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Fluent in social media… ??‍♂️ ——————————————————– #BIP4 #BachelorinParadise #Paradise #BIP #Betches @betches

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When The Bachelor first premiered in 2002, Facebook was a mere thought in Mark Zuckerberg‘s brain. “Normal” people signed up for this reality TV experiment in the hopes of finding true love, quickly returning to their regularly programmed lives after their stay in the mansion, including the leads. (When is the last time anyone saw let alone heard a whisper from the original Bachelor, Alex Michel?)  

But with the rise of Facebook and then Twitter, the contestant pool slowly started to shift. Tabloids started covering the show, turning them into C-list celebrities. Villains thrived and fan-favorites emerged. And opportunities to make a quick buck off of your time on the show started to present themselves.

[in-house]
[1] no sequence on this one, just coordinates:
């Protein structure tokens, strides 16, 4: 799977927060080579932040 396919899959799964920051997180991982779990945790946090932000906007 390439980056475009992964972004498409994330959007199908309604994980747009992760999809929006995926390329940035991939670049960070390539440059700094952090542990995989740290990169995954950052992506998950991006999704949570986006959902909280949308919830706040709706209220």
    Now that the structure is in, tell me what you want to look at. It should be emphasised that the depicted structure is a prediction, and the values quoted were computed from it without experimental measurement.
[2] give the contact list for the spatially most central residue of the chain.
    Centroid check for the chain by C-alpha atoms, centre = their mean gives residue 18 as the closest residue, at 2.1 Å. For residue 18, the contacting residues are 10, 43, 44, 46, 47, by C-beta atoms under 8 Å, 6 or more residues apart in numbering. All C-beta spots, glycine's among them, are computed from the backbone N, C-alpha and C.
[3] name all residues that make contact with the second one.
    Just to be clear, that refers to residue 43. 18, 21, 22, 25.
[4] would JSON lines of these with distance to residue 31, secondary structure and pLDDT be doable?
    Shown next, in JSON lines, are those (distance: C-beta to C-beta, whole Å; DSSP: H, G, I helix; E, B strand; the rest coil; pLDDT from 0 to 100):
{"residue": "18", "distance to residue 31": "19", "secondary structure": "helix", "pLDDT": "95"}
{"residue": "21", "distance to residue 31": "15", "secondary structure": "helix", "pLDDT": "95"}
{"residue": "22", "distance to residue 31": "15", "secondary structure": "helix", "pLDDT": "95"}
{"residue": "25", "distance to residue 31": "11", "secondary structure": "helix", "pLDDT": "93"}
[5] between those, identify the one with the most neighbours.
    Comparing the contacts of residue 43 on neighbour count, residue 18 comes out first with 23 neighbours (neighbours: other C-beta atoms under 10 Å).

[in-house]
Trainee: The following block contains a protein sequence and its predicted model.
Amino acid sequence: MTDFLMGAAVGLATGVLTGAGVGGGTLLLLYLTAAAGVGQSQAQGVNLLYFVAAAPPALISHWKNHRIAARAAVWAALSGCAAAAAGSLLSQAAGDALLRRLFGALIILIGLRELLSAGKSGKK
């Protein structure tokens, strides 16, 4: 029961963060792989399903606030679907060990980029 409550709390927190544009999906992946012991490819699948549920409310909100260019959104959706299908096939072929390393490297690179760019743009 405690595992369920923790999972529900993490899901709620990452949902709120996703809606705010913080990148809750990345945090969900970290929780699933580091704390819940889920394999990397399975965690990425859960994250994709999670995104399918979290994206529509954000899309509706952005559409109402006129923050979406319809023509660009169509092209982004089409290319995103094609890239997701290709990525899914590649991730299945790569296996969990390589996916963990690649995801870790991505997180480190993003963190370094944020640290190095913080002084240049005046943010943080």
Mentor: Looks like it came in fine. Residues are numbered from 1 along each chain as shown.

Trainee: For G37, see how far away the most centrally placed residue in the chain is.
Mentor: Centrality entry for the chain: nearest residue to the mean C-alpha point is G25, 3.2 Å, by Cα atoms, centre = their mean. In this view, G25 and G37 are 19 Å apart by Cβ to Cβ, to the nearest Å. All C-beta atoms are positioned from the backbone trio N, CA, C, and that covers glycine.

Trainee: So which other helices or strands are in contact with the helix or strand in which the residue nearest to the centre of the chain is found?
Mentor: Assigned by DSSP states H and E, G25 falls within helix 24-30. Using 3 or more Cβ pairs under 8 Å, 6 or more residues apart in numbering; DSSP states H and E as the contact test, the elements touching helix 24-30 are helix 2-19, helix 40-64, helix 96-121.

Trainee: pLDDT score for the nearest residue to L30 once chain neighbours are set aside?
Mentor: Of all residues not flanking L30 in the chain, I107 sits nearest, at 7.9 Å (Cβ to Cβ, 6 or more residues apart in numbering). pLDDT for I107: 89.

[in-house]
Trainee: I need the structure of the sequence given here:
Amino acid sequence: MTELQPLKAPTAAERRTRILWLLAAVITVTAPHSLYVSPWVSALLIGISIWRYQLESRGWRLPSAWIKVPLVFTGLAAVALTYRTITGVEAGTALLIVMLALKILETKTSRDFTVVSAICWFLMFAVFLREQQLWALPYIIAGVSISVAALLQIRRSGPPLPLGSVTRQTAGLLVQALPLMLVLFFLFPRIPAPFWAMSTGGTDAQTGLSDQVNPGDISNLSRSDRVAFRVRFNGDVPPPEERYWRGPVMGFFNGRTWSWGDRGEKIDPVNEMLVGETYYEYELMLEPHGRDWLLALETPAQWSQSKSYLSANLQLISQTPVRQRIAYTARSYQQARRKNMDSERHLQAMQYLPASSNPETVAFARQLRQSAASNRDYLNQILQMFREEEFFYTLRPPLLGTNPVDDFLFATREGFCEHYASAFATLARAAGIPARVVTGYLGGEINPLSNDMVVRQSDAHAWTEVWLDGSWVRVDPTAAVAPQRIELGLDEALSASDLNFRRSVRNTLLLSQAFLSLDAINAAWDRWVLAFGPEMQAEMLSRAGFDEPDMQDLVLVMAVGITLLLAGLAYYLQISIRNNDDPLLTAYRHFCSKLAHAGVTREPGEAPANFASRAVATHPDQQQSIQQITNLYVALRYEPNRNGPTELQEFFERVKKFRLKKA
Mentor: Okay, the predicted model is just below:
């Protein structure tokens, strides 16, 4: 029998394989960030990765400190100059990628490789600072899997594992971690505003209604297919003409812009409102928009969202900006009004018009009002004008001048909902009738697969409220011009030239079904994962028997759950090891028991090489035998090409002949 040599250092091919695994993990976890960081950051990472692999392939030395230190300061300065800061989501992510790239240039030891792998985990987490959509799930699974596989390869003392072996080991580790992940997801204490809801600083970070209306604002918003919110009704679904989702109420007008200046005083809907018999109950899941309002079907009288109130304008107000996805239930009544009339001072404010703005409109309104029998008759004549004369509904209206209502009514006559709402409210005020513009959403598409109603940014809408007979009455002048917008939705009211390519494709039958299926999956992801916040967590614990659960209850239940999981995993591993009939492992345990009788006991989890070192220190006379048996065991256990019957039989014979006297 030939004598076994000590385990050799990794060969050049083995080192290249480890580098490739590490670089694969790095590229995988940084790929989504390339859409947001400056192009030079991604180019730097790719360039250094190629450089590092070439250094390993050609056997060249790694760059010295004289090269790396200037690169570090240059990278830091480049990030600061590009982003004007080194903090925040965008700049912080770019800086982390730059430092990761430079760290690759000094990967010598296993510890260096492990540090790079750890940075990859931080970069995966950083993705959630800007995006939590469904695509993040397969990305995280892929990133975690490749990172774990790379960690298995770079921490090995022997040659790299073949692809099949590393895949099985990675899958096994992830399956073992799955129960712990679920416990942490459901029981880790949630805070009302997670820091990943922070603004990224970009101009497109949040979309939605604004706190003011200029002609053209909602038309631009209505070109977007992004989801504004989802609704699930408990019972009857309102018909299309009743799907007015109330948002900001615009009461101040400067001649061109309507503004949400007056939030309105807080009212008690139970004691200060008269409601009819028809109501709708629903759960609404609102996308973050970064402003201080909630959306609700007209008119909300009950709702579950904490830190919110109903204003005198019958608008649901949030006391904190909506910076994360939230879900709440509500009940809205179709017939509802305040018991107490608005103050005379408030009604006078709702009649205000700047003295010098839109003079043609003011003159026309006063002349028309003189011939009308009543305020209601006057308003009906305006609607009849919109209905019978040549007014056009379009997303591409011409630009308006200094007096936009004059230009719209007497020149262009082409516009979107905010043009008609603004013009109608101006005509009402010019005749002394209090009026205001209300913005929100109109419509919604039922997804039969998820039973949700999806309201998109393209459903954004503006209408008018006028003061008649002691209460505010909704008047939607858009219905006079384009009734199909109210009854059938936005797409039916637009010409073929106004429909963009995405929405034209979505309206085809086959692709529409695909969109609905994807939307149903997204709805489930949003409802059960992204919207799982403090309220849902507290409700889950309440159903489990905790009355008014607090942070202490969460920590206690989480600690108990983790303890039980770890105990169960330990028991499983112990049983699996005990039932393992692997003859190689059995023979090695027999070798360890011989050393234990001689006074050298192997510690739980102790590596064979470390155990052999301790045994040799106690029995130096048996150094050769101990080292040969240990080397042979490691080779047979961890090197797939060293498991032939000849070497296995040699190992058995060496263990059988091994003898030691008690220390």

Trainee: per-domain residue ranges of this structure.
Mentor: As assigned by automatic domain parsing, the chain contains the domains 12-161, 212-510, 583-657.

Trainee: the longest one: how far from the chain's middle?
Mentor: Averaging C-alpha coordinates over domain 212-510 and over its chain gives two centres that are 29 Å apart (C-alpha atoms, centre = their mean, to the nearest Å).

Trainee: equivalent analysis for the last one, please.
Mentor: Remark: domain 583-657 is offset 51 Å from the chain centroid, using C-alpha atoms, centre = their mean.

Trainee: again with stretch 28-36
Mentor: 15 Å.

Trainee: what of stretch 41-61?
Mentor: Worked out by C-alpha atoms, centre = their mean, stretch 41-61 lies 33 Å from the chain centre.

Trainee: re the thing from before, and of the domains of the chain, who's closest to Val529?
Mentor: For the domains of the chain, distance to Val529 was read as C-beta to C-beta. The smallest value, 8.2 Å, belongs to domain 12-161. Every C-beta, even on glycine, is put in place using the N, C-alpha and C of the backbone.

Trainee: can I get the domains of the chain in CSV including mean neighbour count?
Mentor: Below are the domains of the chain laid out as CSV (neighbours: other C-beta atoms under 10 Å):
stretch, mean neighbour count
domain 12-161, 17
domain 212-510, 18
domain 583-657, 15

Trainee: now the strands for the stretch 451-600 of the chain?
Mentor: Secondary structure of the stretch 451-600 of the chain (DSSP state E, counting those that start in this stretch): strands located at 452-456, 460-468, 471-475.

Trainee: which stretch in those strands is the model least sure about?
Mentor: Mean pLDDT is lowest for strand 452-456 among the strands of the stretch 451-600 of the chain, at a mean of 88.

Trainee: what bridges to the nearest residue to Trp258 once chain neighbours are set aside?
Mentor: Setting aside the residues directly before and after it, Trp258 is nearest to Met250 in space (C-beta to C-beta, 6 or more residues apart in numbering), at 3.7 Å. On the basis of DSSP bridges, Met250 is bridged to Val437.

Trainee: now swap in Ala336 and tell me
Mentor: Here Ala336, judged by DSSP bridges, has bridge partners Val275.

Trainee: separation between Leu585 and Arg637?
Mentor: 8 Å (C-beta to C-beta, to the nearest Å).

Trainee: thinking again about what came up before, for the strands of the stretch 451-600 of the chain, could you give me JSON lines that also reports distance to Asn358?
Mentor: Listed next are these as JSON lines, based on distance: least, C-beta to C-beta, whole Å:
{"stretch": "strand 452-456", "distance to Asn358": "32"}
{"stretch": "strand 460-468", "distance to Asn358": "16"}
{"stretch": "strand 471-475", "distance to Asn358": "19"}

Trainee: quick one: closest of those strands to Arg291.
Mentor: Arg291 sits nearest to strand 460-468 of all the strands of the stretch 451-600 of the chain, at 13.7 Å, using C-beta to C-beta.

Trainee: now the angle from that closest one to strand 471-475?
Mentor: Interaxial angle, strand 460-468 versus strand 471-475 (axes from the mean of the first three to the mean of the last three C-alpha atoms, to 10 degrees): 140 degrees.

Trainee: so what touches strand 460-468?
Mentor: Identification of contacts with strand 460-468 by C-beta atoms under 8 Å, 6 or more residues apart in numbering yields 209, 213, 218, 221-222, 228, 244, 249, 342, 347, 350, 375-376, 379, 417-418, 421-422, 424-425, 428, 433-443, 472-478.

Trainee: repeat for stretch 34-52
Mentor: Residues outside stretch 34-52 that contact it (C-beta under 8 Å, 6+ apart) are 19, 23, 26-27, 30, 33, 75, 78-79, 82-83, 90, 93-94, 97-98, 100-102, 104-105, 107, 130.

“If you were on reality TV in let’s say 2007-2008, you didn’t really have social media. You had Facebook back then, but there weren’t really many ways to monetize and there was Twitter, but Twitter was also not the easiest to monetize,” Paul Desisto, a talent agent at Central Entertainment Group who represents a large group of Bachelor  franchise alumni, said. “So if you were on reality TV the way you made money was through your TV contracts, releasing your own products, book deals, and personal appearances were very big. Most of the personal appearances…some of these clients would be out four or five days a week, literally Wednesday through Sunday, just doing appearances for maybe six months to a year after the show was over.”